Problems & Puzzles: Puzzles

Puzzle 30.- Queen attacking primes in a Knight’s tour solution

G. L. Honaker , Jr. (15/11/98) proposed the following problem to me and to Mike Keith:

"Find the greatest number of prime squares that a queen can command if placed on a nxn knight's tour solution"

The ‘knight's tour’ is a numbered tour of a knight over a otherwise empty nxn board, visiting each square once only.

Very soon Keith succeeded and solved many questions surrounding this puzzle; moreover he has put all his results in the following page:

http://users.aol.com/s6sj7gt/primeq.htm

I recommend to all those programmers and chess lovers not only to visit Keith's beautiful page, but to write your own code for achieving knight's tour solutions.  You are going to have a lot of fun!

Hint: Warnsdorff's rule: "Play the knight to a square where it commands the fewest squares not yet used."

Perhaps you can improve the best solutions for the cases 10 x 10 and higher.  The status of Q(10) is the only perfect configuration not known


Jacques Tramu found (March 28, 2004) a perfect (optimal) solution for the 9x9 board
 

I have found a perfect (optimal) solution for the Honaker problem (Queen attacks primes on a knight's tour) on a 9x9 board . The number of attacked primes is 22 (maximum).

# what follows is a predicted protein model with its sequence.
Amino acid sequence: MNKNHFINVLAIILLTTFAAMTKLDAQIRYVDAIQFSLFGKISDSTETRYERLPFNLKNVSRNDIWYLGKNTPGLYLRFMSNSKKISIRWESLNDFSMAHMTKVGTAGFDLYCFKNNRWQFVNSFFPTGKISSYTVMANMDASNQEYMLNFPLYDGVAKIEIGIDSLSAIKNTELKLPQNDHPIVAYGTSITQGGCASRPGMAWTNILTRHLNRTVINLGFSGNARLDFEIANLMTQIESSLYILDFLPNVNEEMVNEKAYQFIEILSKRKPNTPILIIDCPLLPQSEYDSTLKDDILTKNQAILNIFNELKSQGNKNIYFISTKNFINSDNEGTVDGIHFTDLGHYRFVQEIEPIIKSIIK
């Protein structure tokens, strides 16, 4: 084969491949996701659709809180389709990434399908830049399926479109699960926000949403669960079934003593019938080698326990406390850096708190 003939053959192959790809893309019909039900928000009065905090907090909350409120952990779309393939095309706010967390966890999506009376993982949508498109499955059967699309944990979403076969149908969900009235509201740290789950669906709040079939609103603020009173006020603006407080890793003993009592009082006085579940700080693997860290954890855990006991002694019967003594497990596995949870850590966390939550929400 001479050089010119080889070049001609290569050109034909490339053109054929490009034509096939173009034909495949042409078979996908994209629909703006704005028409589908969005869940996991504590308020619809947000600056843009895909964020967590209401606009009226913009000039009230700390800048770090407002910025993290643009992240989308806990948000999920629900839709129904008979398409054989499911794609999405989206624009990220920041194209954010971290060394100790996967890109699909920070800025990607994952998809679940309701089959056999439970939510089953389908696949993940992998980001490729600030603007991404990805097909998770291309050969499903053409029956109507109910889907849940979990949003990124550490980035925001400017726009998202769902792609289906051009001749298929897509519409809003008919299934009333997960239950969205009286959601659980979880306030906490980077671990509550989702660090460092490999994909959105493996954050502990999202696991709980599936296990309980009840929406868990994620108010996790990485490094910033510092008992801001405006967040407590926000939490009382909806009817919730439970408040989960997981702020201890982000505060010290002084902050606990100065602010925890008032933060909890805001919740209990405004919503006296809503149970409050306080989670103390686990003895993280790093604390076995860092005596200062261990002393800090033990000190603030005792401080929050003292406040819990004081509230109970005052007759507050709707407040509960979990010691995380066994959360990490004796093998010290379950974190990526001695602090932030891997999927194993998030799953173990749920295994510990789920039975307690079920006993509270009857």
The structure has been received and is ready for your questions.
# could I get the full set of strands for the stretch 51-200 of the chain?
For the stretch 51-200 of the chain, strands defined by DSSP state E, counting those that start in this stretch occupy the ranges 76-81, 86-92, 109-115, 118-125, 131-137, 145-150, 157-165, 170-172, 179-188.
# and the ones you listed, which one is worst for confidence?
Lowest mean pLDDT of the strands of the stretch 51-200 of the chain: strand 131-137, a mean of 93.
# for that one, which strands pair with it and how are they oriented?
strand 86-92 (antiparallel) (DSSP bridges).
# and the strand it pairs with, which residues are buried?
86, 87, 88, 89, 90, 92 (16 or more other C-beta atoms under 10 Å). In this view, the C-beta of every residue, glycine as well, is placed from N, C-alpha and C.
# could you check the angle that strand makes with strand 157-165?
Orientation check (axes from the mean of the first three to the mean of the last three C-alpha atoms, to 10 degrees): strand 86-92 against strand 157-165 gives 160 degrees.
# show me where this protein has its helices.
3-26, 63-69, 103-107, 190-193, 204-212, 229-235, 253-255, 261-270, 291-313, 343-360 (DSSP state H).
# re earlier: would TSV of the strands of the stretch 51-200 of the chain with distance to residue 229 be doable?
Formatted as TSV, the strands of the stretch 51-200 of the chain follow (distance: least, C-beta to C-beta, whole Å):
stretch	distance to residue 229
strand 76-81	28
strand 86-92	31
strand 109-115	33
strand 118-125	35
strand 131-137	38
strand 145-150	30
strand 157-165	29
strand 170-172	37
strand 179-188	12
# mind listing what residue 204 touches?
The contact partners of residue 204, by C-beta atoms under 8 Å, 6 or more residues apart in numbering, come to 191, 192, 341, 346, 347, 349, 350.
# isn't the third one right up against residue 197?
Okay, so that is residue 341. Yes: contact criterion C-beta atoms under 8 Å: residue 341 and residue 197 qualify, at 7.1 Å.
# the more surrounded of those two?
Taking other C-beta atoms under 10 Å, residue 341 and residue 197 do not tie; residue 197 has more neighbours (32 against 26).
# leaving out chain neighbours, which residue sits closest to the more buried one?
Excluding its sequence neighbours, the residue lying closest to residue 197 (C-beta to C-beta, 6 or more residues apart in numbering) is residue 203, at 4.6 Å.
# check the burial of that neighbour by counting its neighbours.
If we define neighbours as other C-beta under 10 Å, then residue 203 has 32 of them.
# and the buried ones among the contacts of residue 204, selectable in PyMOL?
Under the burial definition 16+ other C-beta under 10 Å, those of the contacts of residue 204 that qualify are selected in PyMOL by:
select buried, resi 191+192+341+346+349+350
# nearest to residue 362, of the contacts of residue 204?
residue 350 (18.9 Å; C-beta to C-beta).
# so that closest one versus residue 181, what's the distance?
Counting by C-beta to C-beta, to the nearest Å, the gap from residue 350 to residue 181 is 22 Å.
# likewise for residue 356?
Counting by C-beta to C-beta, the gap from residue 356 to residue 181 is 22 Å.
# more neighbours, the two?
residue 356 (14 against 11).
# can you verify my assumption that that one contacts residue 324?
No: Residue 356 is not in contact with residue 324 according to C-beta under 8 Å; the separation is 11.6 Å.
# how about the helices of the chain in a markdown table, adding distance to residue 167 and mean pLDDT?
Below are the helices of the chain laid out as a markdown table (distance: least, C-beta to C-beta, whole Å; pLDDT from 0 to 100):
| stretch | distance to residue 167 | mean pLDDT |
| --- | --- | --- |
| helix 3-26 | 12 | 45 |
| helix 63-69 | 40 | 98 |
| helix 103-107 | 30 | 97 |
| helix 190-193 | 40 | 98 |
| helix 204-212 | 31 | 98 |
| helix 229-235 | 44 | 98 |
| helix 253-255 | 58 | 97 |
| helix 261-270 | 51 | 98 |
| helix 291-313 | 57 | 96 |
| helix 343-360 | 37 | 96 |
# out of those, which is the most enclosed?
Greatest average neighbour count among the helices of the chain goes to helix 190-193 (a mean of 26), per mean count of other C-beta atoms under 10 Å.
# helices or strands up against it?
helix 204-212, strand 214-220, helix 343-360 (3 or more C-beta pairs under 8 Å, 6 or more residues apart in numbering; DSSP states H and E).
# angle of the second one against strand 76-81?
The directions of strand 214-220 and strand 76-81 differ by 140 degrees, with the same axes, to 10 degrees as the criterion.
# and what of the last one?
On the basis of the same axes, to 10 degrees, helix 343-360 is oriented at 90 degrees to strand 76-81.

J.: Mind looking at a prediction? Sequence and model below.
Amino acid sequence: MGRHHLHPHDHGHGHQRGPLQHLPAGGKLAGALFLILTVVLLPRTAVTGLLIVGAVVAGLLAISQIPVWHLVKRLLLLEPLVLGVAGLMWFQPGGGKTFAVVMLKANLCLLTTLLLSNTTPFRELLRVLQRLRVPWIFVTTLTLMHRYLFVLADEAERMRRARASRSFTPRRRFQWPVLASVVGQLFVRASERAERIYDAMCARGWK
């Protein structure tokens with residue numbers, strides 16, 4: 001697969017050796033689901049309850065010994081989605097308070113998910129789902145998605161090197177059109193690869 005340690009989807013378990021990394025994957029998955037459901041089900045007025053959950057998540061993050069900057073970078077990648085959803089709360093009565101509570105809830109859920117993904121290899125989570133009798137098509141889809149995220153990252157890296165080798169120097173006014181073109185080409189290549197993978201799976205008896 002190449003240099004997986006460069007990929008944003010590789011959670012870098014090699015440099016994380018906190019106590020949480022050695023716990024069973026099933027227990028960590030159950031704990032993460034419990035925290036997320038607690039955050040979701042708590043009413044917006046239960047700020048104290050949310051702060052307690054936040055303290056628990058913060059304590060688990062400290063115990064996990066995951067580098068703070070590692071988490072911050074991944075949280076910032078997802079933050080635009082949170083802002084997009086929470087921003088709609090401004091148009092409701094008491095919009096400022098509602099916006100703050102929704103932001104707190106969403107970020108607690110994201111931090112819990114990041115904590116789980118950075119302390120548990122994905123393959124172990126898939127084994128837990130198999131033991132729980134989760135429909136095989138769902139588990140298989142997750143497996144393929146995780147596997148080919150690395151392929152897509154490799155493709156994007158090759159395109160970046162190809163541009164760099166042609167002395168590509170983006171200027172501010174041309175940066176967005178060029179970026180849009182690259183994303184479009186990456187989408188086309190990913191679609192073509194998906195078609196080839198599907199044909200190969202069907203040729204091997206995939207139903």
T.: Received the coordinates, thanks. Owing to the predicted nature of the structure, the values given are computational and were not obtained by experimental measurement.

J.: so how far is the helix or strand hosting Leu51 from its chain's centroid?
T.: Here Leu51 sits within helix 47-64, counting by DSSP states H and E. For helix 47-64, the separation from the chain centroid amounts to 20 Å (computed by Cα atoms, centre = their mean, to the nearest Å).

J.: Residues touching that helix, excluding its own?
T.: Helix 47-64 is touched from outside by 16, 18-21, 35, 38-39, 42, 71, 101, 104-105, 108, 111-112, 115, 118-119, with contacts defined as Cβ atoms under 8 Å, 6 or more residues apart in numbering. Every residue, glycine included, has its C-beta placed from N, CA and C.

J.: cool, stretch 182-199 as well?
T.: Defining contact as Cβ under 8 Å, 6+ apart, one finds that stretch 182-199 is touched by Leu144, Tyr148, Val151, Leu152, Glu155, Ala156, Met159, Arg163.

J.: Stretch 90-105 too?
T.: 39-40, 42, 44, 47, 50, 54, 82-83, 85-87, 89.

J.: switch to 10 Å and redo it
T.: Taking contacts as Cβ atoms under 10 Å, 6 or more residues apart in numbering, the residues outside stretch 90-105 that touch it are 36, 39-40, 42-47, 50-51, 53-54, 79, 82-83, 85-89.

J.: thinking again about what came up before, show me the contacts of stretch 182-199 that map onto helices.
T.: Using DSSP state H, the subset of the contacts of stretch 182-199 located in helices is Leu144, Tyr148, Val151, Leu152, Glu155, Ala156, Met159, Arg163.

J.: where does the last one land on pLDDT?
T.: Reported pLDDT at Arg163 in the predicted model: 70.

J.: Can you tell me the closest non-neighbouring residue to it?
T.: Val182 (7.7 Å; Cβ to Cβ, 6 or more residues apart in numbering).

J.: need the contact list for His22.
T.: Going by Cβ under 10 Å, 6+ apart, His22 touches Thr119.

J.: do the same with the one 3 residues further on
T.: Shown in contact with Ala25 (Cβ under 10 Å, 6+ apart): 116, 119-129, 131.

Here is the solution :( Q on 55) - Q(9) = 22
 

   13*  76   15   20   11*  74   25   22   09
   16   19*  12   75   26   21   10   67*  24
   77   14   17*  28   73*  56   23*  08   69
   18   81   78   43*  60   27   68   57   66
   79*  44   29*  02* +55+  72   59*  70   07*
   30   51   80   61*  42   03*  36   65   58
   45   48   41*  52   01   54   71*  06   35
   50   31*  46   39   62   33   04   37*  64
   47*  40   49   32   53*  38   63   34   05*
  
 or , more readable, here :
 
 http://mapage.noos.fr/echolalie/q9.htm
 

***

Not far away (April 3, 2004) he also got the next record: a perfect solution for 10x10 board:

Q(10) = 25
Queen on 45 .
 
  62   21   60   75   64   87   84   77   80   89*
  19*  24   63   86   59*  76   65   88   83*  78
  22   61*  20   01   74   85   58   79*  90   81
  25   18   23*  46   43*  66   73*  82   57   54
  36   39   44   67*  02*  47*  42   55   94   91
  17*  26   37*  40  45#  72   03*  92   53*  56
  38   35   70   11*  68   41*  48   95   04   93
  27   16   29*  32   71*  12   07*  52   99   96
  34   31*  14   69   10   49   98   05*  08   51
  15   28   33   30   13*  06   09   50   97*  00
  
 best viewed here :
  
   http://mapage.noos.fr/echolalie/q10.htm
 
No perfect solutions exist for N > 10 ;
here are some improvements on known solutions :

***

So, the game is over (that is to say, this game is over). Thanks Mr. Tramu. This puzzle, from Honaker, should have been posed in the first year of these pages (1998); accordingly this puzzle lasted 5 years and months to be beaten; nothing bad...

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